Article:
Nostalgia isn't necessarily a bad thing to capitalize on for video games, but it requires more than just giving us the exact same package we had in the good old days. There is more than one way to do this right, but you have to at least give us some incentive to separate our money from us other than "remember when you played this as a kid?" I don't care what that incentive is, just as long as there is one.

Judging from my perusal of this here website, the new Sonic game seems to be trying to go the approach that Mega Man 9 went, but for some reason, it doesn't look to be working so far (I just watched a video of some mine cart level...yow. Tilt mechanics were not meant for that). I do not have a soft spot in my heart for Sonic, as I did not have a Genesis as a kid (first and only Sega console I had was a Dreamcast, and yes it is awesome), but for all you classic Sega kids, I hope they do end up getting it right.

Also, I might buy a Wii just to play NBA Jam. Yeeeeeeeeah.

(Don't worry, my fours of readers. More PAX articles are coming, and they'll be less negative than my first one (getting called out for "moaning" by the daily recap is exactly what I figured would happen with that last one. I had a good time! Really!). I just wanted to split them up a bit to reduce the flooding on PAX topics.)
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About Alakaiserone of us since 1:32 PM on 03.15.2010

The name's Tom. I used to work as an industry guy, and am currently on the hunt for my next paying gig. In the meantime, I'm working on a bunch of different projects that don't help me pay my bills. I write a lot. I'm a musician, although certainly not of the professional variety. I like trying new things and meeting new people. I'm still somewhat new around Destructoid, so sorry in advance if I don't know something I probably should.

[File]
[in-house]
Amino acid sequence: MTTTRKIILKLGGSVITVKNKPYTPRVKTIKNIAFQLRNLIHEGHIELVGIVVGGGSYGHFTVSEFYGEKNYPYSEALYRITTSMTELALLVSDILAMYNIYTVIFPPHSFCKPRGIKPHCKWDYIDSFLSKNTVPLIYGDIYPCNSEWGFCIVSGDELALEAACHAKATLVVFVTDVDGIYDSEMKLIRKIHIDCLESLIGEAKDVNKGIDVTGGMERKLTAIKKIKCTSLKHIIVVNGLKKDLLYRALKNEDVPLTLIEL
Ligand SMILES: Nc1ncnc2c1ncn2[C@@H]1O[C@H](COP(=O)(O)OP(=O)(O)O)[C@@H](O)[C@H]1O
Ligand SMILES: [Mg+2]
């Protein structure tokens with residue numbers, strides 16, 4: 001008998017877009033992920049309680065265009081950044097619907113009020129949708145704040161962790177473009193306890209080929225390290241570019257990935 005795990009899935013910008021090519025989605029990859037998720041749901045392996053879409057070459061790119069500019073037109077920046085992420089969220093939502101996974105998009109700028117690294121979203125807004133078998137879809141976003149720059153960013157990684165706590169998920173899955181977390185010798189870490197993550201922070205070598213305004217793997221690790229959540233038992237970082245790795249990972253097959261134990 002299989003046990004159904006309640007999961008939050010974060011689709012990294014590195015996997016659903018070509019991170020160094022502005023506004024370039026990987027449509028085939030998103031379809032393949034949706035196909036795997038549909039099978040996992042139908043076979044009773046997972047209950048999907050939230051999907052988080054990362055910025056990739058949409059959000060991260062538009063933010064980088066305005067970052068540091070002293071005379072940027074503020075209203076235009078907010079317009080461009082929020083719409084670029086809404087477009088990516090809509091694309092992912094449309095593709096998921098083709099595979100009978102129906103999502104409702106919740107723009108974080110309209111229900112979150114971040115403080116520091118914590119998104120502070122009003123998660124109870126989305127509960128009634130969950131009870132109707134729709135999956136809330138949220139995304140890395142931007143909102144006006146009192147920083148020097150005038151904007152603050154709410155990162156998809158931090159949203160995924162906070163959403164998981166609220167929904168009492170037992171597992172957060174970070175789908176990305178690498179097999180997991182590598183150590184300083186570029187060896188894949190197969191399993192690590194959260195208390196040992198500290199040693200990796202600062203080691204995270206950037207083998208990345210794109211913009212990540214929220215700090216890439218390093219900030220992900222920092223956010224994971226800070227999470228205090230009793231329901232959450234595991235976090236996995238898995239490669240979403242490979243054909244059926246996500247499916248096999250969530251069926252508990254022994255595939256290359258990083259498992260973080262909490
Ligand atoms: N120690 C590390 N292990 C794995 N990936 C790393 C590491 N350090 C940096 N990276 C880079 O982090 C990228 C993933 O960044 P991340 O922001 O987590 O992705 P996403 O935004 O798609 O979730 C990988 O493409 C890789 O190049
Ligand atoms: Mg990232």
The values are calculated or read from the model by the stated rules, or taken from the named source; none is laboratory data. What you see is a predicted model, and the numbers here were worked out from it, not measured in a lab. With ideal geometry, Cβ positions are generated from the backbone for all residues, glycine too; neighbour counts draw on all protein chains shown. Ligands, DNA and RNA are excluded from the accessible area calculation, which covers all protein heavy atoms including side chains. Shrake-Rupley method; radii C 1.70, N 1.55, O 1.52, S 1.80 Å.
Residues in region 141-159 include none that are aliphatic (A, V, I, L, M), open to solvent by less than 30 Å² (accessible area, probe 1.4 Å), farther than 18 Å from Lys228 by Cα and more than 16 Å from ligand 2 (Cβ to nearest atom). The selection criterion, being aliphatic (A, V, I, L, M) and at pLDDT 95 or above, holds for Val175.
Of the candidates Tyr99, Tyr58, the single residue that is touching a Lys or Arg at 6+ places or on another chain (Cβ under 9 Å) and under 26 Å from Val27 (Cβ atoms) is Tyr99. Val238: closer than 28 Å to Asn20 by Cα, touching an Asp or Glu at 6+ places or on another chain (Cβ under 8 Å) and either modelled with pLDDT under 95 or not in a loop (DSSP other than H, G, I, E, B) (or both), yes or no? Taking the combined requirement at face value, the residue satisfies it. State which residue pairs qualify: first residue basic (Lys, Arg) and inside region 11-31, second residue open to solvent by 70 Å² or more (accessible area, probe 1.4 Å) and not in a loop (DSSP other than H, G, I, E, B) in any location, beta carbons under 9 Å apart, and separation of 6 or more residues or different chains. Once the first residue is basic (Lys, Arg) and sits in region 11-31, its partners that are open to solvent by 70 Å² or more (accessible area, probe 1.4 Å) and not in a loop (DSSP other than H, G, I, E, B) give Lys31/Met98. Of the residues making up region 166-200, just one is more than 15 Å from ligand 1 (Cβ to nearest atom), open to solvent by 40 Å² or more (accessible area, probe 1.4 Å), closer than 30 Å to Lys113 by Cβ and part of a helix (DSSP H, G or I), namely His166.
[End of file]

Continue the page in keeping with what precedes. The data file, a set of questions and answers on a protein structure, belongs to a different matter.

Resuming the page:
About my blog:

I update daily (not really, but I like to pretend). Generally, my updates get pretty long-winded, but hopefully not to the point where they're unreadable. I'll wax poetic about whatever's on my mind, like current events in my life, things that are happening in the video games I like, or whatever happens to pop in my head that day. With a few exceptions, I write my entries the same day I publish them, so they're pretty fresh content-wise. It also might help explain the occasional typos. I do my best to avoid any errors, though.

About my work:

I worked at Harmonix Music Systems as a tester on a year's worth of DLC, The Beatles: Rock Band, Lego Rock Band, and Rock Band Network. Feel free to ask me questions about it, but remember: I'm still under NDA. Also, if you know of a job opening, please tell me about it. I'm flexible.

About my contact info:

Want to collaborate with me on something, big or small, related to the site or not? I'd love to. I like working on any project that I'm even remotely capable of working on, and would love to help you in whatever way I can. Feel free to PM me here, or otherwise send me an email at alakaiser(at)gmail(period)com. Even if you don't want to work with me on something, I'd love to just chat. I'm a pretty friendly guy!

What happened to that thing you did? You know, that one thing?:

I wrote an article that ended up getting promoted to the front page of the site, which is pretty damn cool. It removes it from my cblog archive, though, so I'm throwing a link in this here sidebar for the sake of an archive (and in case I lose the link myself).

The Great Escape: One Foot in Reality